It’s no secret that big cats, just like their distant cousin, the domestic house cat, are characteristically curious, particularly when it comes to Panthera’s camera traps. Wild cats and other wildlife are naturally intrigued (and sometimes even spooked) when they pass through camera traps’ infrared sensors and trigger flashes of light, or spot the glowing, red light emitted by some of Panthera’s camera trap models. Most of the time, these cats react by taking a closer, quizzical look at the camera traps, and sometimes they sniff, paw and even ‘mark’ or spray Panthera’s camera traps to identify their territories.
Panthera’s Lion Program Director Featured in Africa Geographic Article on Africa’s Close-Encounter Wildlife Programs
A recent Africa Geographic Magazine article entitled ‘Think Before you Walk’ discusses whether the large number of captive-breeding, interactive & close-encounter wildlife programs throughout Africa actually contribute to the conservation of the animals they exploit, as many of the operations currently claim. Read the article for more information and to see what Panthera's Lion Program Director, Dr. Guy Balme, has to say about these captive-breeding and close-encounter programs. Be sure to check out the following quote from Dr. Balme, pulled from the Africa Geographic article:
Panthera’s CEO, Dr. Alan Rabinowitz, Discusses How to Successfully Save Big Cats on TreeHugger Radio
Listen to a TreeHugger Radio interview with Panthera’s CEO and big cat expert, Dr. Alan Rabinowitz, to learn about the state of big cats and the increasing threats they face through direct hunting, loss of their prey due to overhunting by humans and the destruction and fragmentation of their natural habitats.
A PLoS ONE scientific publication co-authored by Panthera’s scientists, Peter Lindsey and Guy Balme, on the significance of African lions for the financial viability of the trophy hunting industry was recently posted on USA Today’s ScienceFair Forum. This study assessed the significance of lions to the financial viability of trophy hunting across five African countries – Tanzania, Zambia, Zimbabwe, Mozambique and Namibia - to help determine the economic impact and advisability of recently proposed restrictions to limit or ban the import o
We are proud to announce that Panthera’s Media Director, Steve Winter, has won the Grand Prize in all categories and First Prize in the Nature and Societies Category from the 2011 Nature Images Awards for his photographs of the Endangered tiger, other wildlife and people that populate the grasslands of Kaziranga National Park in Assam, India. The prize-winning photos and stories from the 2011 Nature Images Awards will be published in the February edition of Terre Sauvage magazine, which will be available at the end of January.
A recent Africa Geographic magazine article entitled The Sacred and the Profane features the innovative leopard conservation work of Panthera’s Leopard Program Coordinator, Tristan Dickerson, who is working to reduce demand for leopard skins among members of South Africa’s Shembe Baptist Church by creating an affordable and realistic faux leopard skin. Today, Shembe followers practice the Zulu tradition of wearing spotted cat fur (mainly leopard) during religious celebrations.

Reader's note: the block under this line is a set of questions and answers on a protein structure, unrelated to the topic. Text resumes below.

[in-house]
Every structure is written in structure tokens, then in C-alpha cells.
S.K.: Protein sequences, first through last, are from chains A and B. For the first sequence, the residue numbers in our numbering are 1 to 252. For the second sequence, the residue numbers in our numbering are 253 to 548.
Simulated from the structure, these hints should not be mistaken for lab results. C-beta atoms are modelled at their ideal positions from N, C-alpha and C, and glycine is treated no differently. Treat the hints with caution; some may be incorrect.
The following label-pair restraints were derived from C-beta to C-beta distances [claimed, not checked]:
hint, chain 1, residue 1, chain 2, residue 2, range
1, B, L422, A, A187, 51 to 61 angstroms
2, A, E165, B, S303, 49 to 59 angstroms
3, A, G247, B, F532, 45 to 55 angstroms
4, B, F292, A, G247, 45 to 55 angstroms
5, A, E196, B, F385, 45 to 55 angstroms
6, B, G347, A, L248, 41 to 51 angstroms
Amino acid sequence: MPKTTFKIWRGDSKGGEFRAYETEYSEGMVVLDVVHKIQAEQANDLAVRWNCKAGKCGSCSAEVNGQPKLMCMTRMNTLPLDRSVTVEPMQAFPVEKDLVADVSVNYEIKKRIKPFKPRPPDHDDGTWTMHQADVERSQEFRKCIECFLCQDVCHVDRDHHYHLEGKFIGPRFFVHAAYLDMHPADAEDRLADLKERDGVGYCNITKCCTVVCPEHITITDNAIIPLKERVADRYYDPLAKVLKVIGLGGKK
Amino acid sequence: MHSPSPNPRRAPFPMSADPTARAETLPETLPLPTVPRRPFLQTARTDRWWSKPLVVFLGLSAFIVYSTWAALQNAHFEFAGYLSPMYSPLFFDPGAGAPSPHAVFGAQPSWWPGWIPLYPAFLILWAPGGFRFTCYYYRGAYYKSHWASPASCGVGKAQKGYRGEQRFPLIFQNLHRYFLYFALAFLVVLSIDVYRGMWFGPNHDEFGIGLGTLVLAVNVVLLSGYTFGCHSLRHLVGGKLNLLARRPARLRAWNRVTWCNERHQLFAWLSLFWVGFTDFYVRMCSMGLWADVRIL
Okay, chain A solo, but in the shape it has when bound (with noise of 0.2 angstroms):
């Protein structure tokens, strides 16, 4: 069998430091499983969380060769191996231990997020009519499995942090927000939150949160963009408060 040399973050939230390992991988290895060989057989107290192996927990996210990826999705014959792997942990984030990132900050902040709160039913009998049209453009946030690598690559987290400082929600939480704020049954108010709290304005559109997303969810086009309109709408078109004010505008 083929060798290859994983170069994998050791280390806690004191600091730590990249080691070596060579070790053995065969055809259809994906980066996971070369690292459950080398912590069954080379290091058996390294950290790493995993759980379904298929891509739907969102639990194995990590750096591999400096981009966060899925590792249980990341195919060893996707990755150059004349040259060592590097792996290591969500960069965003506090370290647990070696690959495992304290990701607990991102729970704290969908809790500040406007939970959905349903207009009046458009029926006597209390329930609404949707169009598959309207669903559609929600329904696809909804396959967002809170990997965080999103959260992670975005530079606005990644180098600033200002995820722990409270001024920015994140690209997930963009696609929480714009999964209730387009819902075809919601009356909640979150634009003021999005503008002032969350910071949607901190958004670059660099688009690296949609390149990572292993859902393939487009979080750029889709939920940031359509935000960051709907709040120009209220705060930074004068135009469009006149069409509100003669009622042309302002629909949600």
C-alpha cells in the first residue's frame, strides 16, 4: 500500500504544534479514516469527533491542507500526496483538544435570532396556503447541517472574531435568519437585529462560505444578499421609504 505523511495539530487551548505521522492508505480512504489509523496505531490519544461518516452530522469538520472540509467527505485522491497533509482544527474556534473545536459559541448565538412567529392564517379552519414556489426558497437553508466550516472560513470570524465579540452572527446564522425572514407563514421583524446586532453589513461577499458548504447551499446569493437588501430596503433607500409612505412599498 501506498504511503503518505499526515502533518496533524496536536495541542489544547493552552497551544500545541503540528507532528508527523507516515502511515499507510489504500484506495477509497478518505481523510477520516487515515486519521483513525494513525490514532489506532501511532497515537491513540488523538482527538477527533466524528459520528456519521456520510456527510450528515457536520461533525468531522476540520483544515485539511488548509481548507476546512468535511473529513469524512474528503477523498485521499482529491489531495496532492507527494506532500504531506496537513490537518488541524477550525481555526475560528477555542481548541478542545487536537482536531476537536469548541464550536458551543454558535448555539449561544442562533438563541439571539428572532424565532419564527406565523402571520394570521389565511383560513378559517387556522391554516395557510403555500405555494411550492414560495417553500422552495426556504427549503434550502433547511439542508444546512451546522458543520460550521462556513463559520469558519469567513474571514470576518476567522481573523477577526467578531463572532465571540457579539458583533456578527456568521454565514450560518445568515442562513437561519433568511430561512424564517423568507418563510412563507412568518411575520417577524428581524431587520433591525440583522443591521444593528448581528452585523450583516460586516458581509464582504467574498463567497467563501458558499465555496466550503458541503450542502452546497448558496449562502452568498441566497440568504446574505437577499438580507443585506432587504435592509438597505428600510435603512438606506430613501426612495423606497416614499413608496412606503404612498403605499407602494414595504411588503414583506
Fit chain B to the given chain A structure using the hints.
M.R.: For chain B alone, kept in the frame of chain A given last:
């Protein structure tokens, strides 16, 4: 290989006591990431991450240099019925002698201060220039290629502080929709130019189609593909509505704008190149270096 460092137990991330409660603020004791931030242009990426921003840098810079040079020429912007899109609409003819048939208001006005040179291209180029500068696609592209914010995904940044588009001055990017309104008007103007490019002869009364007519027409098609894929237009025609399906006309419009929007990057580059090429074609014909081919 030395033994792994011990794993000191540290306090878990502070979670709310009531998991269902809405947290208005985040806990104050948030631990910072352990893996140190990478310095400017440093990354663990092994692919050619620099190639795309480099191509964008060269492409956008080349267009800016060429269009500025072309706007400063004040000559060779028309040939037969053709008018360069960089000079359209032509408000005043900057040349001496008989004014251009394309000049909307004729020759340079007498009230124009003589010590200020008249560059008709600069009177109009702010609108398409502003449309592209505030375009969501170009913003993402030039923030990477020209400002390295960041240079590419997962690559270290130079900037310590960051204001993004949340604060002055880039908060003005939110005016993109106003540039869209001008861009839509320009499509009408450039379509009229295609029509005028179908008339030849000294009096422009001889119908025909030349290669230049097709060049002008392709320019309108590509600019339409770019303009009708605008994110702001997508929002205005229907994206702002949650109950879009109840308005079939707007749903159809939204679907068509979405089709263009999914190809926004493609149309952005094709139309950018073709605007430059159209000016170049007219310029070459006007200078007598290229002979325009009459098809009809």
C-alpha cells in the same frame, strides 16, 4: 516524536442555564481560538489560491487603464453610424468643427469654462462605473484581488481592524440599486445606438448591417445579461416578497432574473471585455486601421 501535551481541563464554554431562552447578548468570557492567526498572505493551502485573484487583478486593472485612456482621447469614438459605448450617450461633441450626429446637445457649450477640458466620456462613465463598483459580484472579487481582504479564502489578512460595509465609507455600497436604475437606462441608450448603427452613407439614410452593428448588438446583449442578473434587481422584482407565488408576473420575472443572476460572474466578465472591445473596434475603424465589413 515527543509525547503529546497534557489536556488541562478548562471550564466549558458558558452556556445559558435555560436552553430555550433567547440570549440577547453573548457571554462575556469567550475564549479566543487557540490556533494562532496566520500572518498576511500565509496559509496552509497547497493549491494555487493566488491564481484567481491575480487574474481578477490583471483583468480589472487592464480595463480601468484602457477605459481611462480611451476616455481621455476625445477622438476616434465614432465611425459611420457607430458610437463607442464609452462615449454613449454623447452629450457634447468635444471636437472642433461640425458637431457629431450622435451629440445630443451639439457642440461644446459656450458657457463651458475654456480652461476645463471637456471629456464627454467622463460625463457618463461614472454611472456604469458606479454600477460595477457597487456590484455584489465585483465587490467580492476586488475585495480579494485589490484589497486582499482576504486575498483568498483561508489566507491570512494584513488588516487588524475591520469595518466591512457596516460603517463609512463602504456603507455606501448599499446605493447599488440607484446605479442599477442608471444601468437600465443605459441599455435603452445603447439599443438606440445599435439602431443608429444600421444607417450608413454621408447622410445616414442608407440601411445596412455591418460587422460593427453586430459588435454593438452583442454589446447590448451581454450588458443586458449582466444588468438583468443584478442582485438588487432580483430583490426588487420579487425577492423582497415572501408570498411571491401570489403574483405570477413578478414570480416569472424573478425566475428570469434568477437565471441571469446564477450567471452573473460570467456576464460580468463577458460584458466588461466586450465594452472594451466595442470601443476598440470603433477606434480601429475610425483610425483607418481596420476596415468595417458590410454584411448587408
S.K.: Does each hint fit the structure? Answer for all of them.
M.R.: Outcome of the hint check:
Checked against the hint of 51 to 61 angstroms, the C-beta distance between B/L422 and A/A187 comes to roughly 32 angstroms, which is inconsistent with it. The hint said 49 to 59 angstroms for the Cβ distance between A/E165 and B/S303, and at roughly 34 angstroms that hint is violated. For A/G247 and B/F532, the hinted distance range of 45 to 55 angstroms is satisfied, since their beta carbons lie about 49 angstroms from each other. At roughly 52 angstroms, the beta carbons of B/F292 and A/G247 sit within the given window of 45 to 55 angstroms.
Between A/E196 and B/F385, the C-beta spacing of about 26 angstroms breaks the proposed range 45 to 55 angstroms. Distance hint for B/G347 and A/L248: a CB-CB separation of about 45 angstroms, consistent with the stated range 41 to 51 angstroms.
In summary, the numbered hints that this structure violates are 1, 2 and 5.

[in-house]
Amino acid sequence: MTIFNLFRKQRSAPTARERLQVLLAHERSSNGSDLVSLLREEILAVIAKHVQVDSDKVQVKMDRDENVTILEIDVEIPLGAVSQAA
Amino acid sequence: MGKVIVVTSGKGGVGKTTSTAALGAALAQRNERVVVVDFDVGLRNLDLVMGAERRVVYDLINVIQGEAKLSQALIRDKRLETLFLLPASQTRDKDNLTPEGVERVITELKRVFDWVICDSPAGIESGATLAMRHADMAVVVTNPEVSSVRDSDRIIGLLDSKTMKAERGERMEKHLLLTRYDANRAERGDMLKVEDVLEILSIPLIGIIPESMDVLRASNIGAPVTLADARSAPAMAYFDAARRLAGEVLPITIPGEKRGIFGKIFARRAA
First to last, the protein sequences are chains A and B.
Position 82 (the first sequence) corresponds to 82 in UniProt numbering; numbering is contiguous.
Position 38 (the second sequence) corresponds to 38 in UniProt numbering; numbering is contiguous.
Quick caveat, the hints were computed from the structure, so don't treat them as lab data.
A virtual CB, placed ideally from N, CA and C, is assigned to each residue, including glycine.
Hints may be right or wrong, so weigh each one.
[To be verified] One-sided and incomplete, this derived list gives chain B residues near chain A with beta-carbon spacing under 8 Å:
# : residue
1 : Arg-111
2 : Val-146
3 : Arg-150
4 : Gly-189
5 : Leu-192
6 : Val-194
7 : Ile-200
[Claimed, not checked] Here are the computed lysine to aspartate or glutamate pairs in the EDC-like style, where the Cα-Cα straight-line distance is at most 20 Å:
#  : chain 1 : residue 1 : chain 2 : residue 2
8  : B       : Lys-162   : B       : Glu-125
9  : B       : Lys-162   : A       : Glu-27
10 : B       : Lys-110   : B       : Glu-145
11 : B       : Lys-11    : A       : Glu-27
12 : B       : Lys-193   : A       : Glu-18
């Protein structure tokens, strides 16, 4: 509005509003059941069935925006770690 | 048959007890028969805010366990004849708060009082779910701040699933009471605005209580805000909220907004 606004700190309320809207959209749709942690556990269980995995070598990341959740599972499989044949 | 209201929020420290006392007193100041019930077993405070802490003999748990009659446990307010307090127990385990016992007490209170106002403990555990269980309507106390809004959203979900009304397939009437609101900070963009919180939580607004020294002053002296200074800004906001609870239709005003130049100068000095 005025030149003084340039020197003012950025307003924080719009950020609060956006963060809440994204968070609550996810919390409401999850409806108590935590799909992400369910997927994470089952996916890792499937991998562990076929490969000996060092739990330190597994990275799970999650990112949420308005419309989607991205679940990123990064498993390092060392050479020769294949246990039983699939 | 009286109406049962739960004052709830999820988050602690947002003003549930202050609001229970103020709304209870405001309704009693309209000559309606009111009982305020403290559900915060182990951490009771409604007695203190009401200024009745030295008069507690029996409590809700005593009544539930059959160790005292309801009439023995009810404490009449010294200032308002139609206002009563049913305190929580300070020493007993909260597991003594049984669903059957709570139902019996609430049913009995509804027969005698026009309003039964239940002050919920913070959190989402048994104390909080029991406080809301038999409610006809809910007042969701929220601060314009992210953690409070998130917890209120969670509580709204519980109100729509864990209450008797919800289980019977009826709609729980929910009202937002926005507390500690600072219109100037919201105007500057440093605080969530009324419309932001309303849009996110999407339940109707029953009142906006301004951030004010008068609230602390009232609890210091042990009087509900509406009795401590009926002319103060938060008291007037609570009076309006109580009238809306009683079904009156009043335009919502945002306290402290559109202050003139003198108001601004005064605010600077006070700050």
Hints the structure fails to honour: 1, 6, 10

Join us tonight at New York City’s McNally Jackson bookstore at 7pm to hear Panthera's CEO, Dr. Alan Rabinowitz, read a story from the newly released book, The Moment, about how he became interested in wildlife conservation. The Moment includes a collection of personal stories from writers both famous & obscure about one moment that profoundly impacted their lives.
Press Release: Panthera and National Geographic to Collaborate on Saving the World's Big Cats through the Big Cats Initiative
Panthera to act as scientific and strategic collaborator on National Geographic’s Big Cats Initiative
(Washington, D.C.) – Panthera, the world’s leading organization devoted exclusively to the conservation of the world’s 37 wild cat species, and the National Geographic Society’s Big Cats Initiative (BCI) have formed an important collaboration to further the global fight to save big cats in the wild.
Say ‘Happy New Year’ and help support the world’s wild cats by sending one or more of Panthera’s beautiful holiday cards. Panthera’s e-cards feature wonderful images of big cats with holiday messages and can be personalized with the message of your choice. Send a New Year’s holiday card now for a minimum $10 donation! To protect your privacy, e-card recipients will not be informed of the amount of your donation.
Click here to browse Panthera’s holiday cards.
Panthera is excited to announce our newest partnership with wildlife photographer, Tracey Kidston. Tracey is actively involved with a number of wildlife research and conservation projects, and helps support these projects through the sale of her images. As a special offering to Panthera, Tracey will donate 50% of proceeds earned from the sale of her wild cat photos to support Panthera’s global wild cat conservation projects.
View the gallery and order prints @ http://bit.ly/tpPwzx.